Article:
Data were analysed thematically as per Braun and Clarke [35]. Emerging themes were validated via extensive discussions among the authors, as well as with another researcher who is proficient in using qualitative methods in assistance dog research and was independent of this study. Throughout the results section, direct quotes are presented to give voice to the participants. However, to aid readability, participants’ repetitions and filler words (e.g., ‘um, well, um…’) are removed. Where appropriate, additional information in parentheses provides contextual explanations, whereas square brackets indicate grammatical corrections and replacement of identifiable information.

3. Results and Discussion

The thematic analysis suggested three categories of factors affecting puppy-raising practices, namely: intrapersonal factors, social support, and puppy characteristics.

3.1. Intrapersonal Factors

3.1.1. Expectations

During first-time puppy raising, having unrealistically high expectations for the puppy’s training progress was reported as unhelpful, resulting in negative experiences for the puppy raiser. One puppy raiser (R05) expressed that they were “very afraid of making mistakes [and] very worried that [their puppy] wouldn’t be good enough”. One staff added to this saying that “[puppy raisers] put more pressure on themselves sometimes than [their organisations] even do to get things right.” (S15).
Most puppy raisers reported having more reasonable expectations after raising their first puppy. One puppy raiser narrated:
I think because she was going to become a mobility dog, I had quite high expectations of her behaviour when she was really young that I don’t have any more with so many other puppies coming through. I still do have high expectations of them, but probably not as unrealistic as they were when the first puppy came through. Because they’re growing into a mobility dog, you almost expect them to be little mini mobility dogs when they arrive and behaving more reasonably than a little puppy does usually, the tiny puppy that usually runs around and wants to have fun.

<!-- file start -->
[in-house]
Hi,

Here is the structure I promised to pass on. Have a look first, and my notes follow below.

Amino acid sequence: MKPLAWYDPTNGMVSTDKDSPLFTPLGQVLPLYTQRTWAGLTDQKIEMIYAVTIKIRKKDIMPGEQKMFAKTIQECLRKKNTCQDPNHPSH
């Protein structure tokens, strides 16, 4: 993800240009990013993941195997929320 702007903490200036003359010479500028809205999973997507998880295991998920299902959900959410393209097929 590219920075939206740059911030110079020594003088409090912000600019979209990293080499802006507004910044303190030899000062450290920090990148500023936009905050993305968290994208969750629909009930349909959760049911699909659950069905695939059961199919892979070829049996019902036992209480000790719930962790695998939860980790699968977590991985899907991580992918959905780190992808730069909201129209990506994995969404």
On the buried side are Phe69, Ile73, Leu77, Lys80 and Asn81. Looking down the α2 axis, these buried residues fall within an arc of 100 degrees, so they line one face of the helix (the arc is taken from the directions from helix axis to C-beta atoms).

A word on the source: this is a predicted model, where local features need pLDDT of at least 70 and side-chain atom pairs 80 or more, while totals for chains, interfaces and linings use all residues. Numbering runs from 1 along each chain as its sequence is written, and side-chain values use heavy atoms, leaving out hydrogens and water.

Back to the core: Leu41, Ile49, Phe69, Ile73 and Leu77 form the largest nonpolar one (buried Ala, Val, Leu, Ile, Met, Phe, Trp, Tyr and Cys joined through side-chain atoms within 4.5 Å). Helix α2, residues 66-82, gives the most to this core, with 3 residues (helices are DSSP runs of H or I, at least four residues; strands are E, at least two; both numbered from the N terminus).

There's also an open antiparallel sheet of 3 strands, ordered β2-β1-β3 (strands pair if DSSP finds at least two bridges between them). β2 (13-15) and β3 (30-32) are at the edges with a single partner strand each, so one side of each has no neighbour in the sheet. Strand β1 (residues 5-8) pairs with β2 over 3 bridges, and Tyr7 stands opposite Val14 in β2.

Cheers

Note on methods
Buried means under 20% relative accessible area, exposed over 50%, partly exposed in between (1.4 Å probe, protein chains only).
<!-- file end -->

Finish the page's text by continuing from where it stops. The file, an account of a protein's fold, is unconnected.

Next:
(R06)
The reported adverse effects of having unrealistically high expectations on puppy-raising experiences in the current study were in line with the literature in organisational research [36]. Job expectation refers to what employees believe they could achieve on that job, whereas realistic expectations concern the expectations that they could eventually confirm as being met [37]. Having unrealistically high job expectations, which are likely unmet, results in negative attitudes in employees towards their jobs [36]. On the other hand, new employees with more realistic expectations were found to have higher job satisfaction and lower turnover rates [38,39,40].
Although this indicates that it would be beneficial for organisations to provide their prospective puppy raisers with a thorough description of the puppy raiser role, merely receiving information about puppy raising may not result in development of realistic expectations. Research on social learning in other contexts has found that individuals who observed or received information were not as realistic in judging the difficulties of tasks as those who performed them [41]. This confirms that information is not a substitute for experience. Although it is beneficial for organisations to provide information to help their first-time puppy raisers form more realistic expectations of this role, a complementary strategy might be to offer a range of short-term fostering experiences, such as supervised weekend puppy sitting for puppies of various ages and states of training, before asking puppy raisers to sign up for a year-long role. While logistically challenging, this preparation period could be a prelude to accepting a volunteer as a puppy raiser. This would not only provide interested volunteers with realistic expectations about various stages of the puppy-raising role but also allow organisations to assess if their volunteers have acquired the necessary skills and knowledge to handle and train puppies at different developmental stages.